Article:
Stevie Ray Vaughan was born On October 3, 1954, in Dallas, Texas. His parents were Martha and “Big Jim” Vaughan, and he had an older brother, Jimmie. The future blues legend was inspired by his brother who became a musician. When Jimmie was 15, and in high school, he was already playing with different bands in the Dallas club scene.
Jimmie was in a group called The Chessmen, and they even landed a record contract. He quickly dropped out of school, left home, and never looked back. Vaughan, who looked up to his brother, was inspired. When he was about 10 years old, he picked up a plastic toy guitar and taught himself how to play.
The guitarist never learned to read sheet music, but he did prove to have had an exceptional ear. Meanwhile, stories about Jimmie were circulating – about how The Chessman opened for Jimi Hendrix, how he met Janis Joplin who invited him to visit her in San Francisco. Vaughan’s father, a drinker, and a harsh disciplinarian, warned him not to turn out like his brother.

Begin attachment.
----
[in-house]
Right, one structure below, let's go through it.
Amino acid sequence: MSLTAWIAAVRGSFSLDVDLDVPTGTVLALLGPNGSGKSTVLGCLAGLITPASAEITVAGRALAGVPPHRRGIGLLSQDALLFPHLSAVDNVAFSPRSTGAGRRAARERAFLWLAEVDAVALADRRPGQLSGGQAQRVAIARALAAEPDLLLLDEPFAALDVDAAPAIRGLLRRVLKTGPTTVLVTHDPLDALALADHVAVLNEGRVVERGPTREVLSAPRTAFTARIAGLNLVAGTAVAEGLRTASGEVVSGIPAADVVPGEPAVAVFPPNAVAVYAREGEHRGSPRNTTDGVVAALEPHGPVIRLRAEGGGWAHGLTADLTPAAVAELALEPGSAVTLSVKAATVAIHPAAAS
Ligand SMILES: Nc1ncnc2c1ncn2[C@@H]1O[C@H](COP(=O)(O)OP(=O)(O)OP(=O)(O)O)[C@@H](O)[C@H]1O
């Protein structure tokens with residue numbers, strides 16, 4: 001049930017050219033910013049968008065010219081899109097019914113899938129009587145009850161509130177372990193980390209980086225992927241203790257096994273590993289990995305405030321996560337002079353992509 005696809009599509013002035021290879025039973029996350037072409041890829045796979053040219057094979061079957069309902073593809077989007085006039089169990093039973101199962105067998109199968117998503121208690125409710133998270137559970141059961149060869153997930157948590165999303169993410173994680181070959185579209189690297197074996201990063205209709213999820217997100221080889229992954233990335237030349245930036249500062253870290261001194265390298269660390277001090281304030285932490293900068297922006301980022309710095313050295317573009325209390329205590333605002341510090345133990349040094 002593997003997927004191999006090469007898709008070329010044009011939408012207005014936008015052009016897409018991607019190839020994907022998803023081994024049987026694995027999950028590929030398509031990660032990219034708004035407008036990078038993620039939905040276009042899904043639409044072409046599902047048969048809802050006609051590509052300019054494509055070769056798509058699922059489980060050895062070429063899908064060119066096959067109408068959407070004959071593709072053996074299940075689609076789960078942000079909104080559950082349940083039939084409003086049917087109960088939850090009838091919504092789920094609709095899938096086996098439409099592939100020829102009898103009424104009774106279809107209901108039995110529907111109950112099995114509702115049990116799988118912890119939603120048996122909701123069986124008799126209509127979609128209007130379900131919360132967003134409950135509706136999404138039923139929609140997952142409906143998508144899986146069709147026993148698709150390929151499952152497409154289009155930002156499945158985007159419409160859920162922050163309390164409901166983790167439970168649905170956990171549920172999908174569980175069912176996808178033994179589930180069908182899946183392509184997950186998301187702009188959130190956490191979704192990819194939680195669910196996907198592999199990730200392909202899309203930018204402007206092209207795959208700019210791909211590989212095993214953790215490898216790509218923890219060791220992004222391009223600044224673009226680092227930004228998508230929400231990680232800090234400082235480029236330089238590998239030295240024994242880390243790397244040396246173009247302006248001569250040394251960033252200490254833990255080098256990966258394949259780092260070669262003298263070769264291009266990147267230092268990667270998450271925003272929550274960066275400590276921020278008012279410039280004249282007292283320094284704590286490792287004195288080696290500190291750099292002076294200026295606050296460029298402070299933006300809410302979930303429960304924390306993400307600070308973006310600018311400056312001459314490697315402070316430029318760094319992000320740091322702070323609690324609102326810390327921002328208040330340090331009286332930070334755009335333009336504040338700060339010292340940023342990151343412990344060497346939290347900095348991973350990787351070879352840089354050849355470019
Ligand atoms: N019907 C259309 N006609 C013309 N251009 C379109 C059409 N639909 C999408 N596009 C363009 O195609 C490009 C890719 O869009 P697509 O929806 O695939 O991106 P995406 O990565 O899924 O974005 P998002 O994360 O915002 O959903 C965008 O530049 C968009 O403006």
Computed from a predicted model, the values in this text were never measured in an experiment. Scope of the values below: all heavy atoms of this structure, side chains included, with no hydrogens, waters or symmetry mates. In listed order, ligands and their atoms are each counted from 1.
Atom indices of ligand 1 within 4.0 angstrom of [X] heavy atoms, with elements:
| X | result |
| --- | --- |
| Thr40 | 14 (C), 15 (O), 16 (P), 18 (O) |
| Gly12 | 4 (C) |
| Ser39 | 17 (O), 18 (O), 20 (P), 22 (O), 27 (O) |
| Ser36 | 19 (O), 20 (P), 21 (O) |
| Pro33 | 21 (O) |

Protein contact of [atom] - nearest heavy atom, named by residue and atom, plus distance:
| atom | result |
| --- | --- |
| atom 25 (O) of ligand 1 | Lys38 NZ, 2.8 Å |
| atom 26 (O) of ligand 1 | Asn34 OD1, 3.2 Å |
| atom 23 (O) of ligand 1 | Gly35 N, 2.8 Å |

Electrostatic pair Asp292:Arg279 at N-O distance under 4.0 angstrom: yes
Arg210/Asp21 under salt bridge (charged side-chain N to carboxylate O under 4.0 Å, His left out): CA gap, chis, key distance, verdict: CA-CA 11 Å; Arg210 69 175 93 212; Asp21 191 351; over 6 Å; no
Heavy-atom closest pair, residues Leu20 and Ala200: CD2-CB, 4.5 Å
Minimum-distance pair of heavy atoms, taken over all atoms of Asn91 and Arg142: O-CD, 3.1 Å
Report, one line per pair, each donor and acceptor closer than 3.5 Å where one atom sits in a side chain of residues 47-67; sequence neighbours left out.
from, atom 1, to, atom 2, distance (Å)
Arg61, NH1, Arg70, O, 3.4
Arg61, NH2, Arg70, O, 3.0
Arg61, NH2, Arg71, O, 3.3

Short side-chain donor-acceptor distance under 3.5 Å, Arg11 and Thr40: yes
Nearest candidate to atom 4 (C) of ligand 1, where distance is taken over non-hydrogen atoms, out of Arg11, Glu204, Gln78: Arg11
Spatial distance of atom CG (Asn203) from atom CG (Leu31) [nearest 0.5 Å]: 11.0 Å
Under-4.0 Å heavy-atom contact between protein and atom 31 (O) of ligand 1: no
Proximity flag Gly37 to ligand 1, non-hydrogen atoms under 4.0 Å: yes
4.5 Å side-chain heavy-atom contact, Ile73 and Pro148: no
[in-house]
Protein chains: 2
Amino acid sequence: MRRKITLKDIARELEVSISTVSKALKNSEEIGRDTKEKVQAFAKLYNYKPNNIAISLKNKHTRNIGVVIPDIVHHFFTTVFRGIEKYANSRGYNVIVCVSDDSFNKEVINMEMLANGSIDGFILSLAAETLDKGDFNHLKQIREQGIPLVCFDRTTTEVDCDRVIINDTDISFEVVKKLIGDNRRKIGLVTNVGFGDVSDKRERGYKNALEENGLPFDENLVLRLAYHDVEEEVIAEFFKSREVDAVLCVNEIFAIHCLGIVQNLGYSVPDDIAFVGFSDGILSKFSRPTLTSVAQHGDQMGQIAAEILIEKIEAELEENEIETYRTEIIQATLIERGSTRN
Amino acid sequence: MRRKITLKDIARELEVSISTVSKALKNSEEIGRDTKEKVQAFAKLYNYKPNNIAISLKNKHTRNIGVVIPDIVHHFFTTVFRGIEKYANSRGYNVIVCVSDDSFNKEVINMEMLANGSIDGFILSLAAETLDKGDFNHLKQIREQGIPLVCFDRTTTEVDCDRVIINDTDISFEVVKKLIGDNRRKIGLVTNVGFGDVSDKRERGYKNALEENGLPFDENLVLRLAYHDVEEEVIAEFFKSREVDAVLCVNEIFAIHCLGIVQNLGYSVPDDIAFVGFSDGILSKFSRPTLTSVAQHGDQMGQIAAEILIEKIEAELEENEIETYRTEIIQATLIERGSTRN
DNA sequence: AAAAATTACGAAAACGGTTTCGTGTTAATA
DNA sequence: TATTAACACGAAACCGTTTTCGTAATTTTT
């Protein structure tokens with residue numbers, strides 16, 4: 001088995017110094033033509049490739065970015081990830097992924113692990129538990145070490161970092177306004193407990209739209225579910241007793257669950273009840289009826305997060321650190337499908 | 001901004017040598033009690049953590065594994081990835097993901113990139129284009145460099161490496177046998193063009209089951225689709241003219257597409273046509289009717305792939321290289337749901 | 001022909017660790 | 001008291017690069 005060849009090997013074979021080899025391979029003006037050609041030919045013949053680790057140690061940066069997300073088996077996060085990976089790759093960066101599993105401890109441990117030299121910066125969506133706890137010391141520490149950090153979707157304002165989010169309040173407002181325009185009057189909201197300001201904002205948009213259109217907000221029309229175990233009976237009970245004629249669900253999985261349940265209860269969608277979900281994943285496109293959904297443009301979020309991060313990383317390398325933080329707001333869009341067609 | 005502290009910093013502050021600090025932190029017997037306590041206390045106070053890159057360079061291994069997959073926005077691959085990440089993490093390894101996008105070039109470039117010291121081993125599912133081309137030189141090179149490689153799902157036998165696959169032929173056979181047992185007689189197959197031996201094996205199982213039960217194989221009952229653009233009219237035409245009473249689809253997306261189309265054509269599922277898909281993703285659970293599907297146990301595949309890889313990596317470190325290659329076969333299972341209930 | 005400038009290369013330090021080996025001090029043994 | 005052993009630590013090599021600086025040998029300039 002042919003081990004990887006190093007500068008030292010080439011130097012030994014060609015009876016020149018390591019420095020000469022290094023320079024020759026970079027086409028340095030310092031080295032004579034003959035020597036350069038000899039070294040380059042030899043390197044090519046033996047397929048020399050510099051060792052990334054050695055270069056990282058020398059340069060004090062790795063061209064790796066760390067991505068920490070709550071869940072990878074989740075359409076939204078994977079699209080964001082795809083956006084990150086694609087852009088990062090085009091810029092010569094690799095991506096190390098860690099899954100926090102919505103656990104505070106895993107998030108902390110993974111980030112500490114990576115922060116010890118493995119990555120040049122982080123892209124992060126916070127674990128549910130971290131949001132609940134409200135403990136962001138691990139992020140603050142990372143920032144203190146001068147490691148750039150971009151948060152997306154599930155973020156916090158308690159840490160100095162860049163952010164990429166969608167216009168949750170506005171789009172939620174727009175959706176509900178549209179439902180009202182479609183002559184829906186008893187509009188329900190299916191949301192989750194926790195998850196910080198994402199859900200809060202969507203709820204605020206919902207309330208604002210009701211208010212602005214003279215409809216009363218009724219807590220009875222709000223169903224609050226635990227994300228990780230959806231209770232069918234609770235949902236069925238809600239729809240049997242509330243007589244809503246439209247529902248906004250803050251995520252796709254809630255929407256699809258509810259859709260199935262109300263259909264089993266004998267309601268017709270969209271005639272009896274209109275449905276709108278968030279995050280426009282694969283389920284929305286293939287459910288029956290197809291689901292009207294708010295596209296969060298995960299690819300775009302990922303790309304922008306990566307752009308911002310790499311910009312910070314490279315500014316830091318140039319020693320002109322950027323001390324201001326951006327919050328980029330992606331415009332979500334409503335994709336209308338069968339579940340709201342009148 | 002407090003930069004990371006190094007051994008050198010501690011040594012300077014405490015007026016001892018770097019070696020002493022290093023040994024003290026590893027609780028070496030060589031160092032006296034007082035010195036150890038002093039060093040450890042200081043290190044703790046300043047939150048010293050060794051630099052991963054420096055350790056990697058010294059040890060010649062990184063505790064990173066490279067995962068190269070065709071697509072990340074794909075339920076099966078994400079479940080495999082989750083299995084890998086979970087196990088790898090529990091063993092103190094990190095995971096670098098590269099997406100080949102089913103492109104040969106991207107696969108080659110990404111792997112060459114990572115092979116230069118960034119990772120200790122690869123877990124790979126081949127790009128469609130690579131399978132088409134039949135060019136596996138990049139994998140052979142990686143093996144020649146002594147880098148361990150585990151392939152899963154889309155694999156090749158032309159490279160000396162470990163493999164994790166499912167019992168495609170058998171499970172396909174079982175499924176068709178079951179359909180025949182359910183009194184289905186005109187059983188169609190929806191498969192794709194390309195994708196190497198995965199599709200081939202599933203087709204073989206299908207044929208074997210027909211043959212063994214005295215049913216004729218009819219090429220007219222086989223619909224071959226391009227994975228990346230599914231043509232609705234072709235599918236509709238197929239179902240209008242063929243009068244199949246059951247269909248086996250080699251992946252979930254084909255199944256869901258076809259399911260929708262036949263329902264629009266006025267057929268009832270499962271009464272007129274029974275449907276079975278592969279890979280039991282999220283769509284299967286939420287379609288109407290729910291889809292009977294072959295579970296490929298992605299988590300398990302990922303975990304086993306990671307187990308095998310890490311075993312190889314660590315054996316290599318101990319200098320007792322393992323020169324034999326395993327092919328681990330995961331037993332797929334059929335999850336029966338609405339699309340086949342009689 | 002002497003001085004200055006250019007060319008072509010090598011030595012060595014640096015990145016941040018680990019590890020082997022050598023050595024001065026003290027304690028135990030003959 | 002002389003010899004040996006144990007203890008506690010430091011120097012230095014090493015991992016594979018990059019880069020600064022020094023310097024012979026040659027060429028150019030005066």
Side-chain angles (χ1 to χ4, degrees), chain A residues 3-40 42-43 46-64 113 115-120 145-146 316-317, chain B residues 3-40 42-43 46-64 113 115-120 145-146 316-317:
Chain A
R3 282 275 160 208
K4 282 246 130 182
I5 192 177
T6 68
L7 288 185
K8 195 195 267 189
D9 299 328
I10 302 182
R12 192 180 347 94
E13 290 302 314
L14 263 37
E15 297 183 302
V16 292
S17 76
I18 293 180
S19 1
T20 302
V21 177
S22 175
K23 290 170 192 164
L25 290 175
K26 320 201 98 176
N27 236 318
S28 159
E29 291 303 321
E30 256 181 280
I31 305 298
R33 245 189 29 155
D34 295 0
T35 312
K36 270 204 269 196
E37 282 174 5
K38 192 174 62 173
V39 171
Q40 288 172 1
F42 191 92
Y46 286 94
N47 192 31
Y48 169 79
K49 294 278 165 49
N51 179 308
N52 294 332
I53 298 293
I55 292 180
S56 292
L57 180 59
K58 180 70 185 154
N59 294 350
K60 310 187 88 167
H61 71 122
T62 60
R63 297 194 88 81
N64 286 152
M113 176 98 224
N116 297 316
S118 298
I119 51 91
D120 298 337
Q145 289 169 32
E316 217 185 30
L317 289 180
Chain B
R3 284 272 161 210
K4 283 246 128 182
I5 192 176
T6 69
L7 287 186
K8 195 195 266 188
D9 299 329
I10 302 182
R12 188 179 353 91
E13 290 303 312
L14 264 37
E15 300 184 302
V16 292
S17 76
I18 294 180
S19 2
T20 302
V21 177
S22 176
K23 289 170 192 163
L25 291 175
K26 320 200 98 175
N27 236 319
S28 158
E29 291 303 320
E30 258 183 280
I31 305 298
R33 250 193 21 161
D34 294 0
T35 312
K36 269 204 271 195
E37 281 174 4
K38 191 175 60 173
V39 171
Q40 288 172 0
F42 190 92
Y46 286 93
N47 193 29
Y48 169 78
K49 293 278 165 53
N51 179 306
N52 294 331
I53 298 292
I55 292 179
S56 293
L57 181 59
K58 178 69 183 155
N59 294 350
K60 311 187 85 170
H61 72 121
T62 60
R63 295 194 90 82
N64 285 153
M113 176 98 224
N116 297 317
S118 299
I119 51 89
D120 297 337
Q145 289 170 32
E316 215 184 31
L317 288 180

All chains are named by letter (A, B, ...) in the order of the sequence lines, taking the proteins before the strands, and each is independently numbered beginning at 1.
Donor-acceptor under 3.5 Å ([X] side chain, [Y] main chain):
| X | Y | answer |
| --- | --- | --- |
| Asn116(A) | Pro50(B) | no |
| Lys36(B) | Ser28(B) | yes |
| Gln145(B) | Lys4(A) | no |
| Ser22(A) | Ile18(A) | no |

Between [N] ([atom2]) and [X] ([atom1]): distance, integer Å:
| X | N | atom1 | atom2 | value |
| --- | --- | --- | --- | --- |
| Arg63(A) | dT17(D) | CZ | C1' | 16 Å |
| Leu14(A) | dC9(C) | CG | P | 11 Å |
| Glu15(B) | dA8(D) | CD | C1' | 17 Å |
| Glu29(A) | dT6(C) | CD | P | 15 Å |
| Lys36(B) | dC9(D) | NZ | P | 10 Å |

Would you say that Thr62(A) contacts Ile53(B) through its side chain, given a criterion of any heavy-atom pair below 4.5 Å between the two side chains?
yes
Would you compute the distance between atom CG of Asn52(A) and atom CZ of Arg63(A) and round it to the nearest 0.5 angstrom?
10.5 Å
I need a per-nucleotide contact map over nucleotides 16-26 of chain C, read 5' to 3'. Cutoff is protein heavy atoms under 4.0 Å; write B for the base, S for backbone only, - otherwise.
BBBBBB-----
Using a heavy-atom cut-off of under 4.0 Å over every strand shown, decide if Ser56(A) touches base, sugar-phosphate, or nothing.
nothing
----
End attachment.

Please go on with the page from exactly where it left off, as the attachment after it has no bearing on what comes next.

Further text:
But the young Stevie Ray couldn’t think of anyone else that he would rather be. And so, he kept on strumming on his guitar. And when the strings would tear apart his fingertips, he would fix the wounds with Krazy Glue. In no time, Vaughan was on the stage.
He went through a number of bands, including Brooklyn Underground, Cast of Thousands, and even one called Epileptic Marshmallow. As for Jimmie, he was touring with his new group, The Fabulous Thunderbirds. Stevie Ray Vaughan was becoming a regular at Dallas nightclubs, just like his brother had been before him.
By 1977, Vaughan settled on a group and a name that would stick: Double Trouble. The band, even in their early days, was a big deal in Austin. They were doing regular gigs, which happened to be the only steady thing in his life. You see, Vaughan knew turmoil from an early age…
Shortly before his death, Vaughan was attending Alcoholics Anonymous. At one particular meeting in New York at the Ritz Hotel, he gave the group a candid and revealing message about his past. He began with: “I started off my drinking and using career, oh I guess… in the early ‘60s when I was somewhere around seven or eight years old.”